Scripture as Apostolic Authority

The Holy Bible contains The Old and New Testament and is the basis of Christian dogma and practice.  Before the 5th century, various communities around the globe read the scrolls of either Testament at their services.  It was put together as a book in the late 5th century.

The Old Testament provides the story about God’s plan of salvation from the beginning and His Covenant with His people.  In addition to historical narratives, there are writings concerning Judaic moral code, the stories and sayings of the Prophets, poetry, and wise sayings to live a holy life.  Throughout its history, the people of Israel expected a Messiah from the House of David to unite the people of Israel after the Kingdom split in 1 Kings 11.

The New Testament tells story of how Jesus Christ fulfilled His role as the Messiah, completing the plan of salvation established by God since the beginning (Genesis 3:15), as witnessed by the writings of His Apostles and Disciples.  These writings are known as the Gospels, considered a new genre of literature during that time period.  The men who wrote the Gospels are: St. Matthew, an Apostle; St. Mark, a disciple of St. Peter; St. Luke, a disciple of St. Paul; and St. John, an Apostle.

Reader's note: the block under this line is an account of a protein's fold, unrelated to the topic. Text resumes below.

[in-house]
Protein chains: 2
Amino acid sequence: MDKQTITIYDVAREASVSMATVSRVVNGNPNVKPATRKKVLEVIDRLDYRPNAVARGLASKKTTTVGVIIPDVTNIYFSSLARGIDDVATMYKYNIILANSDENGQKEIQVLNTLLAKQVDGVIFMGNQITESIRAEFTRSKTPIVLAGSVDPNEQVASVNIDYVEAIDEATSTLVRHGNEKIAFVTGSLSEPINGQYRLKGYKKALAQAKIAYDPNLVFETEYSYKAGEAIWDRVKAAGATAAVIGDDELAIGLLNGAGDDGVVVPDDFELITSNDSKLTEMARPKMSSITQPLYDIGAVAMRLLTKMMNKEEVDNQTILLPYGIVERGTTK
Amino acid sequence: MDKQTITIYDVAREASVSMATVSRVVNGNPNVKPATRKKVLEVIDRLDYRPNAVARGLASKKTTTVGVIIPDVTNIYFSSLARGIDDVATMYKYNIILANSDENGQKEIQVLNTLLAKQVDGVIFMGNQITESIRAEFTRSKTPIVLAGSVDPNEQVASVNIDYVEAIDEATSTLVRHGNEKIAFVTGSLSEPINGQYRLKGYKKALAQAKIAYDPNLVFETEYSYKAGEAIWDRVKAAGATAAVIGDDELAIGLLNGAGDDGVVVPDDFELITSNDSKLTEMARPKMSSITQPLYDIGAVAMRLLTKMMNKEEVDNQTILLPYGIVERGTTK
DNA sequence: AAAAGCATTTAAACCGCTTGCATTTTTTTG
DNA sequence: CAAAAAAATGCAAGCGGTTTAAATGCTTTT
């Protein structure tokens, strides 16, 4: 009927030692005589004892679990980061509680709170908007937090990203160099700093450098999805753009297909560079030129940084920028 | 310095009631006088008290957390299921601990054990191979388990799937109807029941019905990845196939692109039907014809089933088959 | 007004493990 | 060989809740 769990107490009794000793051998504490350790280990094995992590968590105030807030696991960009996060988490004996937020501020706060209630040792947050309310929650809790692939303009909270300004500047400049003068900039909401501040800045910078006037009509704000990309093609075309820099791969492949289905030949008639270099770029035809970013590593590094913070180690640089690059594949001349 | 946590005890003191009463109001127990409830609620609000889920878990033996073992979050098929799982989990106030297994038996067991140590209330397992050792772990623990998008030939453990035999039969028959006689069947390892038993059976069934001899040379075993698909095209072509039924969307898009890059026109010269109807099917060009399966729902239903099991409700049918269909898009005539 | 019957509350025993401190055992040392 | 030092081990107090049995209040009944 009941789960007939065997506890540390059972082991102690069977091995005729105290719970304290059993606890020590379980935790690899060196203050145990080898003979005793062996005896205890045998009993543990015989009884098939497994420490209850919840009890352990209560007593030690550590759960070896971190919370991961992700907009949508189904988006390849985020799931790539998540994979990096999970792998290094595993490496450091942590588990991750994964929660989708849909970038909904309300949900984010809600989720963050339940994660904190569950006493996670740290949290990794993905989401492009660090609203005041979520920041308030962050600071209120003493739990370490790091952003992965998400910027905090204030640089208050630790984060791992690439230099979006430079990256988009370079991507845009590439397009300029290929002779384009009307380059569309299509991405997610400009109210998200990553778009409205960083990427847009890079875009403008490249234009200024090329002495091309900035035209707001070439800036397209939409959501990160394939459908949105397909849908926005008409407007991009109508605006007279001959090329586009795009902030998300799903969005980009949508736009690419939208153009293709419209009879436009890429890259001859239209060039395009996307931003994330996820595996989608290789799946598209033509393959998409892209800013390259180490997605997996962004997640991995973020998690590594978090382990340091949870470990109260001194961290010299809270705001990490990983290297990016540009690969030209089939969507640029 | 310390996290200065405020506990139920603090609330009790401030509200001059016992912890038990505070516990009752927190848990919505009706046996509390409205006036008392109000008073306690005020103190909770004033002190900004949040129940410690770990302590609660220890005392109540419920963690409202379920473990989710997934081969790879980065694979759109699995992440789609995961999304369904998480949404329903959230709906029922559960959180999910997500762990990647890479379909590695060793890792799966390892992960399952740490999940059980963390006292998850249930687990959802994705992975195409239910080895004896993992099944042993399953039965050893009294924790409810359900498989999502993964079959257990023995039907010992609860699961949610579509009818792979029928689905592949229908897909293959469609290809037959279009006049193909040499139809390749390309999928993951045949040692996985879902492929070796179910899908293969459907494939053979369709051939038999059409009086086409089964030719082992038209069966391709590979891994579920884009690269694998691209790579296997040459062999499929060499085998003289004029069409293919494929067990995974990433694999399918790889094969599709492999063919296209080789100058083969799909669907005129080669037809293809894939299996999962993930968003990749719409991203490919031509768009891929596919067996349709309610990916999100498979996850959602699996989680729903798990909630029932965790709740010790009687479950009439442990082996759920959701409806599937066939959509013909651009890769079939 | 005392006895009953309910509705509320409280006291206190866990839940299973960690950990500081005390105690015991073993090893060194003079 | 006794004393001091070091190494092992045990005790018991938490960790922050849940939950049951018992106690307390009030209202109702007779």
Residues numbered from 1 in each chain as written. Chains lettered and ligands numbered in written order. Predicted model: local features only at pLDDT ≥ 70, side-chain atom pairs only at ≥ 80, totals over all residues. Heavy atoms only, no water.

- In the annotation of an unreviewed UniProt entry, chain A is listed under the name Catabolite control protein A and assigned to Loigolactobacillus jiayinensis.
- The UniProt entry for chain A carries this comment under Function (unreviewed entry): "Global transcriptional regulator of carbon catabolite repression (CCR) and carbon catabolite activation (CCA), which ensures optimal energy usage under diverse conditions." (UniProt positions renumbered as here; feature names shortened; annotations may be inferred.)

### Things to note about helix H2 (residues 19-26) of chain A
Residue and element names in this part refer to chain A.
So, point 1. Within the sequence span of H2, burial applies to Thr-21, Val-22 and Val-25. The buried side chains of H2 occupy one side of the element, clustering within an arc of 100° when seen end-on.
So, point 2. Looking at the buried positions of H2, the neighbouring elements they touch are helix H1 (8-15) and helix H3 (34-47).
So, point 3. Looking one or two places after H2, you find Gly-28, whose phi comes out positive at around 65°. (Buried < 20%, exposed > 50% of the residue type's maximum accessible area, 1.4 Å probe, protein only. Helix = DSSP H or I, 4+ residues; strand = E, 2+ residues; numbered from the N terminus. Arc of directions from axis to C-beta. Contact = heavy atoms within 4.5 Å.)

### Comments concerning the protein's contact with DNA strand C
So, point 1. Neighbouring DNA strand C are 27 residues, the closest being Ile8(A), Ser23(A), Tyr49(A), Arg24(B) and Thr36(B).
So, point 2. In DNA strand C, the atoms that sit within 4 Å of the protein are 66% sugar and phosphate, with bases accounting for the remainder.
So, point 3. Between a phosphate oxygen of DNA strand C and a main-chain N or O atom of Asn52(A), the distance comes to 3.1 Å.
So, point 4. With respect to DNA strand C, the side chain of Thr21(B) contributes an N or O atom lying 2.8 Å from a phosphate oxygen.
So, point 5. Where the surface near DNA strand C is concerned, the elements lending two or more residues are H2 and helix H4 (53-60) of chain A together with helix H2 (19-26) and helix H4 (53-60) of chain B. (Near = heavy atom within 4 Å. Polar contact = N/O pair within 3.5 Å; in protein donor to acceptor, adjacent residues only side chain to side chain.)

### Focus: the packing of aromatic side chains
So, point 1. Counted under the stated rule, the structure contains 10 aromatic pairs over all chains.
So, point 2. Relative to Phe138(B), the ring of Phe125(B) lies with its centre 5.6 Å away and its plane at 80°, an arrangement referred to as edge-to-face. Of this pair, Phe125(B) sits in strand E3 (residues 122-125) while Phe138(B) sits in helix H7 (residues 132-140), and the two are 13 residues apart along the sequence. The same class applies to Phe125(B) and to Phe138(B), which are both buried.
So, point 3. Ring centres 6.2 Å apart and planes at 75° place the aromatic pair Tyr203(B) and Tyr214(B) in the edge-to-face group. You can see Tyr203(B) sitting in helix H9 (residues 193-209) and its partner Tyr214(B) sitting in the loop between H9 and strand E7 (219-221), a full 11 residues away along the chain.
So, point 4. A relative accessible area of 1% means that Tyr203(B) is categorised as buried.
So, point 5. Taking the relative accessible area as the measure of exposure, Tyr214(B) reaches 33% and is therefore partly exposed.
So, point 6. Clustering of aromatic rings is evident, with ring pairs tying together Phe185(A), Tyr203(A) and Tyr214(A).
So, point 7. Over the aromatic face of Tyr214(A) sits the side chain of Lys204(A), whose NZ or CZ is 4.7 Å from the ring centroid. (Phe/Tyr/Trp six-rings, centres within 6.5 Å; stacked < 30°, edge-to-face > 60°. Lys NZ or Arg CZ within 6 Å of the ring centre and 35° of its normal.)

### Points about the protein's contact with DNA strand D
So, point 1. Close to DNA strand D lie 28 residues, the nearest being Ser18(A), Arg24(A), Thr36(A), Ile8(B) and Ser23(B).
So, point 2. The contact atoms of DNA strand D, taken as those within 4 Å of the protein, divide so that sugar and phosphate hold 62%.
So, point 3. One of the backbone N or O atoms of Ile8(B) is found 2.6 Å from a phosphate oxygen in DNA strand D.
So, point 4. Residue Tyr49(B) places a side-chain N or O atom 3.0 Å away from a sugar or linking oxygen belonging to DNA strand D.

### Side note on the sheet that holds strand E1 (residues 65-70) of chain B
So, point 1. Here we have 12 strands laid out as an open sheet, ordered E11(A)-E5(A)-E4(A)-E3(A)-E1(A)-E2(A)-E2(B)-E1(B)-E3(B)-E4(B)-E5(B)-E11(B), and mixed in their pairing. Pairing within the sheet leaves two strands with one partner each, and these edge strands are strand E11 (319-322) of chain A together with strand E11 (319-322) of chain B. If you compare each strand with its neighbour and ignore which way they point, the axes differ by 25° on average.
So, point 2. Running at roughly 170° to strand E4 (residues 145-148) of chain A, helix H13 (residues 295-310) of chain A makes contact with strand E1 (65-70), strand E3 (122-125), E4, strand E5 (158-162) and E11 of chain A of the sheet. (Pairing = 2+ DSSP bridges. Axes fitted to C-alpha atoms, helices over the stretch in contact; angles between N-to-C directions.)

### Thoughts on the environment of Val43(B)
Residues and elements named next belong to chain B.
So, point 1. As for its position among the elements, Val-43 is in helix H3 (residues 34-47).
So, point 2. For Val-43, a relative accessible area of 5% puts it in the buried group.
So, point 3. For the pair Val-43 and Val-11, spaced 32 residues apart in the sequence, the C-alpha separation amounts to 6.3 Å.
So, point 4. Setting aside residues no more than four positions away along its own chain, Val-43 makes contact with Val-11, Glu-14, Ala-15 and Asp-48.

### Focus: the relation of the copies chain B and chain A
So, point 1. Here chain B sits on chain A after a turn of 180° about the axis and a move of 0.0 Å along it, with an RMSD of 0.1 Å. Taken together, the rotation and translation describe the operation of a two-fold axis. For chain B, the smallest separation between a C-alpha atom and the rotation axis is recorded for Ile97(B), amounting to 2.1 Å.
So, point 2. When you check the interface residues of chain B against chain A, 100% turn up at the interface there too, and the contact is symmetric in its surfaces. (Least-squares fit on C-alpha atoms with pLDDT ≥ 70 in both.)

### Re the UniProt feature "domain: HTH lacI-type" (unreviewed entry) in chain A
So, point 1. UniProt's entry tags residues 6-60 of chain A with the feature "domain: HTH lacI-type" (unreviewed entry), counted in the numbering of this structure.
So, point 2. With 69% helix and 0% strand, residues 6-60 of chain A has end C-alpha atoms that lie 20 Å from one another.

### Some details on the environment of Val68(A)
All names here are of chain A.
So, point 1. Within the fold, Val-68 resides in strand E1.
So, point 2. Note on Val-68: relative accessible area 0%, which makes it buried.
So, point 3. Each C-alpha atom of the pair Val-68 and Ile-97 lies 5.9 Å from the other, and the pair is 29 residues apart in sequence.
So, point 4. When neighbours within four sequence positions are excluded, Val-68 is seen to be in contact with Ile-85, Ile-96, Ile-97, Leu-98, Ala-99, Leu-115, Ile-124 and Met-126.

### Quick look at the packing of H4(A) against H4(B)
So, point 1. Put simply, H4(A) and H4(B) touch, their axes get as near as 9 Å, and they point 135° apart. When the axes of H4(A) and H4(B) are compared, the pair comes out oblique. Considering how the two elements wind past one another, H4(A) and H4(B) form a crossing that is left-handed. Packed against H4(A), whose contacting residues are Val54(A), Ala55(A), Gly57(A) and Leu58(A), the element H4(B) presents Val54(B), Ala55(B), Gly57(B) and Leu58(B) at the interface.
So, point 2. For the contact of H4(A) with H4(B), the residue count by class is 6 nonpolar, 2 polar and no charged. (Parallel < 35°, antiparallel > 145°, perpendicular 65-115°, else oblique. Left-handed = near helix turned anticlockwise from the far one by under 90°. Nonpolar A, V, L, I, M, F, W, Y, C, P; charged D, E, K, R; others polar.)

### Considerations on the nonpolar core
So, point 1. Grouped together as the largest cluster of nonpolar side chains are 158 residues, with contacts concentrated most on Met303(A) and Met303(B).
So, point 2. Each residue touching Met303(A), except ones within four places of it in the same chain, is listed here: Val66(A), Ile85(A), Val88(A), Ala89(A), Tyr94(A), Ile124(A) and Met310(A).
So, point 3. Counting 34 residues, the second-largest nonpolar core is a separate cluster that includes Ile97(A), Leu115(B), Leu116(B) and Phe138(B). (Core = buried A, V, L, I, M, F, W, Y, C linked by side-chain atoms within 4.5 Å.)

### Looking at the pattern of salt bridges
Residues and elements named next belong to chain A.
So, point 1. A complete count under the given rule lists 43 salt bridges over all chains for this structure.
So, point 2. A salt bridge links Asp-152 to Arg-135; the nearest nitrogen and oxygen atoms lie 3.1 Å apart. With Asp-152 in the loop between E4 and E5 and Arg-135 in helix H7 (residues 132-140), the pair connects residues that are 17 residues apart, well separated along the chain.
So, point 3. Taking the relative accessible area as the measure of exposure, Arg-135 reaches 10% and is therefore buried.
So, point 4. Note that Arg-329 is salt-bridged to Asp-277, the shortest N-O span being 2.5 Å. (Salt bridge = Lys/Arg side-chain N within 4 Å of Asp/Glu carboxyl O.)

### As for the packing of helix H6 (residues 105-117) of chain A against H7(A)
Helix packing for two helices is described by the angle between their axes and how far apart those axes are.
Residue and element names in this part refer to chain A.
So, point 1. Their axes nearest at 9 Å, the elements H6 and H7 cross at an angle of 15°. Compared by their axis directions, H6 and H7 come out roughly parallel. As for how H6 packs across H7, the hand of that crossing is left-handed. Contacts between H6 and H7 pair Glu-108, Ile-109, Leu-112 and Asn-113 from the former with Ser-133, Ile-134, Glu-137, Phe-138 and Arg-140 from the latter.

The latter half of the New Testament are Epistles, meaning “letters”.  St. Paul is the major contributor of the New Testament, with 14 Epistles.  There are also Epistles written by St. Peter, St. John, and St. Jude.   These letters contain information on contemporary issues in the Apostolic era and the solutions to the issues.

The Scriptures provide a snapshot of what the Apostles taught and did. For us, the Scriptures tell the most critical information about Christianity, the very basics of belief and practice in order to be a disciple of Christ.  However, when the Scriptures are silent about particular practices or beliefs, we look to the Ancient Christians, whose faith was received from the same Apostles.   This is what we call Holy Tradition.